For More Information

Ceva-X1643 and Ceva-XC323 are both available for licensing. For more information, point your browser to and

Ceva claims that 9 to 12 XC323s can handle a three-sector Category 5 transceiver card, compared with 12 triple-core TCI6488 or 6 hex-core MSC8156 chips (i.e., a total of 36 TI or Freescale DSP cores) and their associated accelerators. TI, however, is preparing a counterstrike. In February 2010, the company announced that it is working on a multicore architecture designed to deliver 256 gigaMACs per second (GMACS). Assuming this performance is divided among eight cores, the design would provide the same percore performance (in terms of GMACS) as the XC323, suggesting TI is also adding vector capabilities. This new architecture has the added advantage of supporting both fixedand floating-point operationslikely a better approach to providing enhanced precision for complex algorithms than merely extending precision from 16 to 32 bits.

Ceva-X1643 Meets Many Designers Needs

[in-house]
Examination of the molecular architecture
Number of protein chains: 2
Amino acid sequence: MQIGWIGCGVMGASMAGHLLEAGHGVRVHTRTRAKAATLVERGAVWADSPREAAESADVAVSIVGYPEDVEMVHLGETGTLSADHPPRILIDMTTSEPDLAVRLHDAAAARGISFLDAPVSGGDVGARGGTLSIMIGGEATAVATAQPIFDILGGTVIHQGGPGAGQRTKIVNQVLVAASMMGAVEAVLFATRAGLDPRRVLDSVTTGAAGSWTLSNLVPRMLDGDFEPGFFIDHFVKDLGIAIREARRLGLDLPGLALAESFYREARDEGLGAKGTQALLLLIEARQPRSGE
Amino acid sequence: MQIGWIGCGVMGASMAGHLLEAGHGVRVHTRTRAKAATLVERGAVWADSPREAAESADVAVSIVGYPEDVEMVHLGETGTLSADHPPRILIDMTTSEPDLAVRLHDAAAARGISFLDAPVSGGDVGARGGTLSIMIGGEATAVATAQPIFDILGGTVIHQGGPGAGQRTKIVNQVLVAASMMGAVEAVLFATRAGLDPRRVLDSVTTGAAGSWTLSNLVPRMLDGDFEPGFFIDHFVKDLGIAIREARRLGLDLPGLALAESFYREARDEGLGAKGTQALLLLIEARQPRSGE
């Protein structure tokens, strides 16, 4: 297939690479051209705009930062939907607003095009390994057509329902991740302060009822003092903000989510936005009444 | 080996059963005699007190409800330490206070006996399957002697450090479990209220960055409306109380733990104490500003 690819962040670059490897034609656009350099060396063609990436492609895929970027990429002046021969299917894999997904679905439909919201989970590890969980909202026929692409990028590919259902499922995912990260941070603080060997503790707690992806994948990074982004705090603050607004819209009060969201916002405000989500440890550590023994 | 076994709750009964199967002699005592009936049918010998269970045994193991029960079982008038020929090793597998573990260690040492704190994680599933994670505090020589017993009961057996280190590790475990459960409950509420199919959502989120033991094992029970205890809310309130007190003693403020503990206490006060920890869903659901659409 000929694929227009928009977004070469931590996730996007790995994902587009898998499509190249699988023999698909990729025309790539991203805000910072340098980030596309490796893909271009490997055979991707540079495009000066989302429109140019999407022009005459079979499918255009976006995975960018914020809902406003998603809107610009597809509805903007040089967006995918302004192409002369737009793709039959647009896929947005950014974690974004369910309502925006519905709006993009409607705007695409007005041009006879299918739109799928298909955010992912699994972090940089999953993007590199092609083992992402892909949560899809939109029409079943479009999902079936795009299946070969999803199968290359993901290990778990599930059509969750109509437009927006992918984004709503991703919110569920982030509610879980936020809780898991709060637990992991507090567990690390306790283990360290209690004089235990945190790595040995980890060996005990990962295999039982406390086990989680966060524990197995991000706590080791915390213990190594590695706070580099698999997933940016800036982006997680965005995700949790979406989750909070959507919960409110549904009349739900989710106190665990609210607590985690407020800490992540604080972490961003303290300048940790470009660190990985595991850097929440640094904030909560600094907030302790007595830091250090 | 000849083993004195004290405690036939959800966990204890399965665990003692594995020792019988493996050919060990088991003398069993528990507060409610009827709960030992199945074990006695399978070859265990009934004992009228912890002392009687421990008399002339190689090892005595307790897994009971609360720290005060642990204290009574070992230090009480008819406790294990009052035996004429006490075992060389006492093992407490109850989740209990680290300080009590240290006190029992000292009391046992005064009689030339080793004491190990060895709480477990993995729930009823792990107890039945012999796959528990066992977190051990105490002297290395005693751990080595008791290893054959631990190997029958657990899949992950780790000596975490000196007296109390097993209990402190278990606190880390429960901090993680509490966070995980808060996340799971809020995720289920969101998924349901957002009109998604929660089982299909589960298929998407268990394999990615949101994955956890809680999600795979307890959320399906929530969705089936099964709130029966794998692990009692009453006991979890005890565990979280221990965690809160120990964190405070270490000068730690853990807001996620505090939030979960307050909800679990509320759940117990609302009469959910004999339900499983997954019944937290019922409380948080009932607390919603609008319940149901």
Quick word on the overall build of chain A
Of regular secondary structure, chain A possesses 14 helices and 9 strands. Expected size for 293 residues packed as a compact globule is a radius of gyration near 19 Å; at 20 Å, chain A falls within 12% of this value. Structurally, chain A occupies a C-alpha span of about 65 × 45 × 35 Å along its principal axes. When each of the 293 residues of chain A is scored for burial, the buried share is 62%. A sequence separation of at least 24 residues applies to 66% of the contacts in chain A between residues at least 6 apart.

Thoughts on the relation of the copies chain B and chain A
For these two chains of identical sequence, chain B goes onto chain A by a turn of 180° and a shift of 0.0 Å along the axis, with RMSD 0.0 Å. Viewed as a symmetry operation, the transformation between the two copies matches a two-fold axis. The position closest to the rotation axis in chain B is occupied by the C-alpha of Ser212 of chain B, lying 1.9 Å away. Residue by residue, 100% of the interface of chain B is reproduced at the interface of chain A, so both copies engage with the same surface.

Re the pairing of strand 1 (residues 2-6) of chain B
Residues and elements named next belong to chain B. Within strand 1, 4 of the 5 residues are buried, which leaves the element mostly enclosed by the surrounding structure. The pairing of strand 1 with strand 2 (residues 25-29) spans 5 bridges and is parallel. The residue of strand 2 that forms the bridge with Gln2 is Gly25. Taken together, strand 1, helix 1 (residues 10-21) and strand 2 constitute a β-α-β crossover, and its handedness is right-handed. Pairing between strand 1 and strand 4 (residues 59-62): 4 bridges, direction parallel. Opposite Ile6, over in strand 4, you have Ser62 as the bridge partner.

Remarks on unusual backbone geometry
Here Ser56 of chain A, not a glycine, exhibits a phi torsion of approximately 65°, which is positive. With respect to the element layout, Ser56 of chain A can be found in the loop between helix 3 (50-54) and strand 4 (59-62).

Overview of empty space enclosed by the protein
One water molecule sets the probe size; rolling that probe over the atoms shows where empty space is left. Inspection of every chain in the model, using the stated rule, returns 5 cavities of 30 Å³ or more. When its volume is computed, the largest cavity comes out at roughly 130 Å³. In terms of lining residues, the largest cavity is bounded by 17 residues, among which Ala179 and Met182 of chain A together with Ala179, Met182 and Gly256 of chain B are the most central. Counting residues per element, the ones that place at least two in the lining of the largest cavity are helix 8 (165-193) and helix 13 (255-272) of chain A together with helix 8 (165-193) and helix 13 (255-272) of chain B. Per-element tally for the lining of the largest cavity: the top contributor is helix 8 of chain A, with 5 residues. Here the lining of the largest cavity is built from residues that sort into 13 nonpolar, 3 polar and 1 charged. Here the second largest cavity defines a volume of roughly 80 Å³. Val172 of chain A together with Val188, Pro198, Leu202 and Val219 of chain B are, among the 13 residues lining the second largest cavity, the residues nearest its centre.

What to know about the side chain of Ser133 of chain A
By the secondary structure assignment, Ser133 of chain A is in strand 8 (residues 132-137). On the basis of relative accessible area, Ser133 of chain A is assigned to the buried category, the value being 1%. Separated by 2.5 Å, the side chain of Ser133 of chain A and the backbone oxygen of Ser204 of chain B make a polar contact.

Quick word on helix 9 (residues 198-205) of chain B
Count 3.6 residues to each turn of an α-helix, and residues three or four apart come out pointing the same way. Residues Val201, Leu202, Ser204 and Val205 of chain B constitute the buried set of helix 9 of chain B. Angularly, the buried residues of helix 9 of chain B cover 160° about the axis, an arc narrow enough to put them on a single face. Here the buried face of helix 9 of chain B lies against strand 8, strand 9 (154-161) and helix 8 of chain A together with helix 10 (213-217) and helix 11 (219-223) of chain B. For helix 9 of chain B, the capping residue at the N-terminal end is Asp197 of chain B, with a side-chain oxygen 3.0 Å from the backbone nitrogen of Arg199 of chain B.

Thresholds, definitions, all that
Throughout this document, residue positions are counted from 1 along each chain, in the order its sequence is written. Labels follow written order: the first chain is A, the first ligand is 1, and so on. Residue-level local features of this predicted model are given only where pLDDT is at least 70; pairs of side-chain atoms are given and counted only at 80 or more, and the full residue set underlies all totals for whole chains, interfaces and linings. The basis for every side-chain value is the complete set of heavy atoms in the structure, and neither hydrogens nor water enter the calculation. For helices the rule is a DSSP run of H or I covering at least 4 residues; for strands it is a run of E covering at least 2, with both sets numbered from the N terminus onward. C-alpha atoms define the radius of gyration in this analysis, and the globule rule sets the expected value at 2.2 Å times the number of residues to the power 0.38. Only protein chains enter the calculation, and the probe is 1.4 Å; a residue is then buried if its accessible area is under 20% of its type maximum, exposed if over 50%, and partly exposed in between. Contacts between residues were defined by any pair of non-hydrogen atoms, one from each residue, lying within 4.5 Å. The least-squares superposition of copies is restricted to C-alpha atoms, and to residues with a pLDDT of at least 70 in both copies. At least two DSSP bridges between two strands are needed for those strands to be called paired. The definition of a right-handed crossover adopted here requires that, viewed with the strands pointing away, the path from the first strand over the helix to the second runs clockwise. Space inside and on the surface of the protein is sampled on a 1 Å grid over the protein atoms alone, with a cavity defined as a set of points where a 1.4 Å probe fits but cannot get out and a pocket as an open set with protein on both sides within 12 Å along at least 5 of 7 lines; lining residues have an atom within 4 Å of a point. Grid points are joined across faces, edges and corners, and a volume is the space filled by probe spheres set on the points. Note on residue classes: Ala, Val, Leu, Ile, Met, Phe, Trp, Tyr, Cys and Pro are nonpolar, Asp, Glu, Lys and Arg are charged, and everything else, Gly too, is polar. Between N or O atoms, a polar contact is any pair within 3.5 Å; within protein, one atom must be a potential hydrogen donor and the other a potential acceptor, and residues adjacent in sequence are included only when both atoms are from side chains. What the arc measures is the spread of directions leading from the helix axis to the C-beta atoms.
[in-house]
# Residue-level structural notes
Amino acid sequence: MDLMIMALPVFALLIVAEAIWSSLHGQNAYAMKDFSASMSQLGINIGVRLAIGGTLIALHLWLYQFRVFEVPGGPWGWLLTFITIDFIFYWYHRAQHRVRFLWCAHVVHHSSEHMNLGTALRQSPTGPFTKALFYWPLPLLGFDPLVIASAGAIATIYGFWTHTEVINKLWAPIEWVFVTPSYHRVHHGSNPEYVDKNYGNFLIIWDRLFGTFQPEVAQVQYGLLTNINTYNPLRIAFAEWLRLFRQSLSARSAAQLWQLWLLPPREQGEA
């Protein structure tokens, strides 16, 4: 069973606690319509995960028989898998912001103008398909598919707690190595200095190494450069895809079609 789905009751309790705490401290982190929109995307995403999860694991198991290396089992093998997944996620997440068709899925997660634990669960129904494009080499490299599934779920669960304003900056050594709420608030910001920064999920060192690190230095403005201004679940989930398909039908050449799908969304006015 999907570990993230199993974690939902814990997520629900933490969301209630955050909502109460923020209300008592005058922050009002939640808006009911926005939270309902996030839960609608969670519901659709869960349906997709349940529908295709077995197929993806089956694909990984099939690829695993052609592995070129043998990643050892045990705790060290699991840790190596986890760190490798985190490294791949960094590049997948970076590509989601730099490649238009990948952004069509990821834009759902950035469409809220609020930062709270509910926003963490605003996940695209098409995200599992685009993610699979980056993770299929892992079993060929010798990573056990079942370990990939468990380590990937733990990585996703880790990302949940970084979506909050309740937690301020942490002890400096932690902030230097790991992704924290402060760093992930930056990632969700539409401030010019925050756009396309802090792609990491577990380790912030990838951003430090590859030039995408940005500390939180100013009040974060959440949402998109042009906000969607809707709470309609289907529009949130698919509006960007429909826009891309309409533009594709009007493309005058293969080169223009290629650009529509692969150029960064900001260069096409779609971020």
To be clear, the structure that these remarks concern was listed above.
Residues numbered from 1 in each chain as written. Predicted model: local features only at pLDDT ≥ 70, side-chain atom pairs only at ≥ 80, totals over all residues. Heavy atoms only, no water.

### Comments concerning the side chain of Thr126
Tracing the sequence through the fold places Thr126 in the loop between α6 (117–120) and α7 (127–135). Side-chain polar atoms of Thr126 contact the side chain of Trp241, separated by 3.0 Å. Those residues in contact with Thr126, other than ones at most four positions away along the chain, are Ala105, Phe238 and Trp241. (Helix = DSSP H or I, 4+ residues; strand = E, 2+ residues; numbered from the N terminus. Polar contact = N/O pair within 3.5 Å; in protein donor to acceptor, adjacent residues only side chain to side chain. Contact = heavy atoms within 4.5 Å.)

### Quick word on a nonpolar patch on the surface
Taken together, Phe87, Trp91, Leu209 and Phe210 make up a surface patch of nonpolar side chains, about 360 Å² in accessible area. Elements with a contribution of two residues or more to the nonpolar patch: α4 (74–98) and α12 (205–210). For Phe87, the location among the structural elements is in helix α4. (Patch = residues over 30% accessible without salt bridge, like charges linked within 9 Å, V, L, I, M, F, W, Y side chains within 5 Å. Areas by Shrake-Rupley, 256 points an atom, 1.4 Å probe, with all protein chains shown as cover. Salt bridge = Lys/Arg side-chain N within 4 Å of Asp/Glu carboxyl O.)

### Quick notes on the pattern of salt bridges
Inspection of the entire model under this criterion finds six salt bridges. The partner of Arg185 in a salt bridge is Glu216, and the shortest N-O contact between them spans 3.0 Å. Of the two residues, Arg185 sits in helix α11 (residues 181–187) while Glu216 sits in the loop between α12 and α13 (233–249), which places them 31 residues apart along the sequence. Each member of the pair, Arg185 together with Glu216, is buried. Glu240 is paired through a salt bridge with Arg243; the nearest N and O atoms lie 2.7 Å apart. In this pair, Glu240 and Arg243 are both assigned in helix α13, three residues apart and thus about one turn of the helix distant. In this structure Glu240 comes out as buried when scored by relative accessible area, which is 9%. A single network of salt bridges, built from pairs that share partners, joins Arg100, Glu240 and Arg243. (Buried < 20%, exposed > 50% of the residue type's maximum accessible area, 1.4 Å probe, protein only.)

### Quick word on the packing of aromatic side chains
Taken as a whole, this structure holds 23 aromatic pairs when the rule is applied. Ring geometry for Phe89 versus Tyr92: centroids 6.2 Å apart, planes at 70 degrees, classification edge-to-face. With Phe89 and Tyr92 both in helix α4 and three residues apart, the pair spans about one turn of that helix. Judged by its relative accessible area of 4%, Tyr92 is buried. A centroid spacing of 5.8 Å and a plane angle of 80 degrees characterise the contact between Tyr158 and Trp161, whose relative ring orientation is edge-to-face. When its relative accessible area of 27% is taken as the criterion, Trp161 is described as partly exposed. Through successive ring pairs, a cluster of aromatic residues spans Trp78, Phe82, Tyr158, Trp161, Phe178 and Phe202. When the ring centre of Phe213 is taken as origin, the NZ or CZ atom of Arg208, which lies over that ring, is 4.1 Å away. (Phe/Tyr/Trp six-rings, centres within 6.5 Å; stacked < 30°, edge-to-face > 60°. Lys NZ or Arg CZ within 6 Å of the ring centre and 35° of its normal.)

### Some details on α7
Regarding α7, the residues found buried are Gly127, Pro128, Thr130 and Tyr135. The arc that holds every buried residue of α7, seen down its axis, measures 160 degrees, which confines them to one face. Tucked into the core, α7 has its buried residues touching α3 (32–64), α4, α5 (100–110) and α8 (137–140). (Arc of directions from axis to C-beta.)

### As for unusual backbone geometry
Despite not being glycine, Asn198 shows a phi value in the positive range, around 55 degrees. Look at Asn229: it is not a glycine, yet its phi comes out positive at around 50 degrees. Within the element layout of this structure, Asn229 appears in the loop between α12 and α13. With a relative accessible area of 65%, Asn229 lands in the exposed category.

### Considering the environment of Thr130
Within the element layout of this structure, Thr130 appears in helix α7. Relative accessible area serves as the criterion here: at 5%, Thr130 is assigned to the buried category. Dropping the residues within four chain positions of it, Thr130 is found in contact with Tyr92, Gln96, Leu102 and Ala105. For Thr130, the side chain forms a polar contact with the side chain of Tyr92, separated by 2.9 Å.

Propelled by design wins at multiple suppliers of cellularbaseband processors, Ceva is the most successful DSP IP company. Designers of cellular chips combining a DSP with hard-wired functions will find the X1643 a strong choice because of its high performance and power management. The X1643 is also well suited to general-purpose DSP functions, audio coding, and even video coding. It can thus be used in chips for personal media players, and owing to its C programmability, it can obviate a CPU for control functions in a low-cost design. The XC323, on the other hand, is tuned for a single application: cellular-baseband processing. Geared for multicore software-defined radio (SDR) designs, it offers features not found in standalone DSP chips commonly used in base stations. ASIC designers, therefore, have the ability to create their own baseband processors that are more efficient than off-the-shelf DSPs. Because of their capabilities and surrounding software support, both the X1643 and XC323 provide a transition path for designers that use other DSPseither in ASICs or in standard products. Ceva has enabled ASSP suppliers to displace TI-based ASICs at Ericsson and Nokia, and it has enabled others to enter diverse markets that would otherwise be closed, had those suppliers no access to DSP technology. OEMs can now pursue custom chips using a DSP with unusual features (e.g., SIMD units) instead of taking standard DSPs from a chip company or working with TI as an ASIC supplier. Ceva is thus a potent threat to DSP-chip suppliers such as TI and Freescale.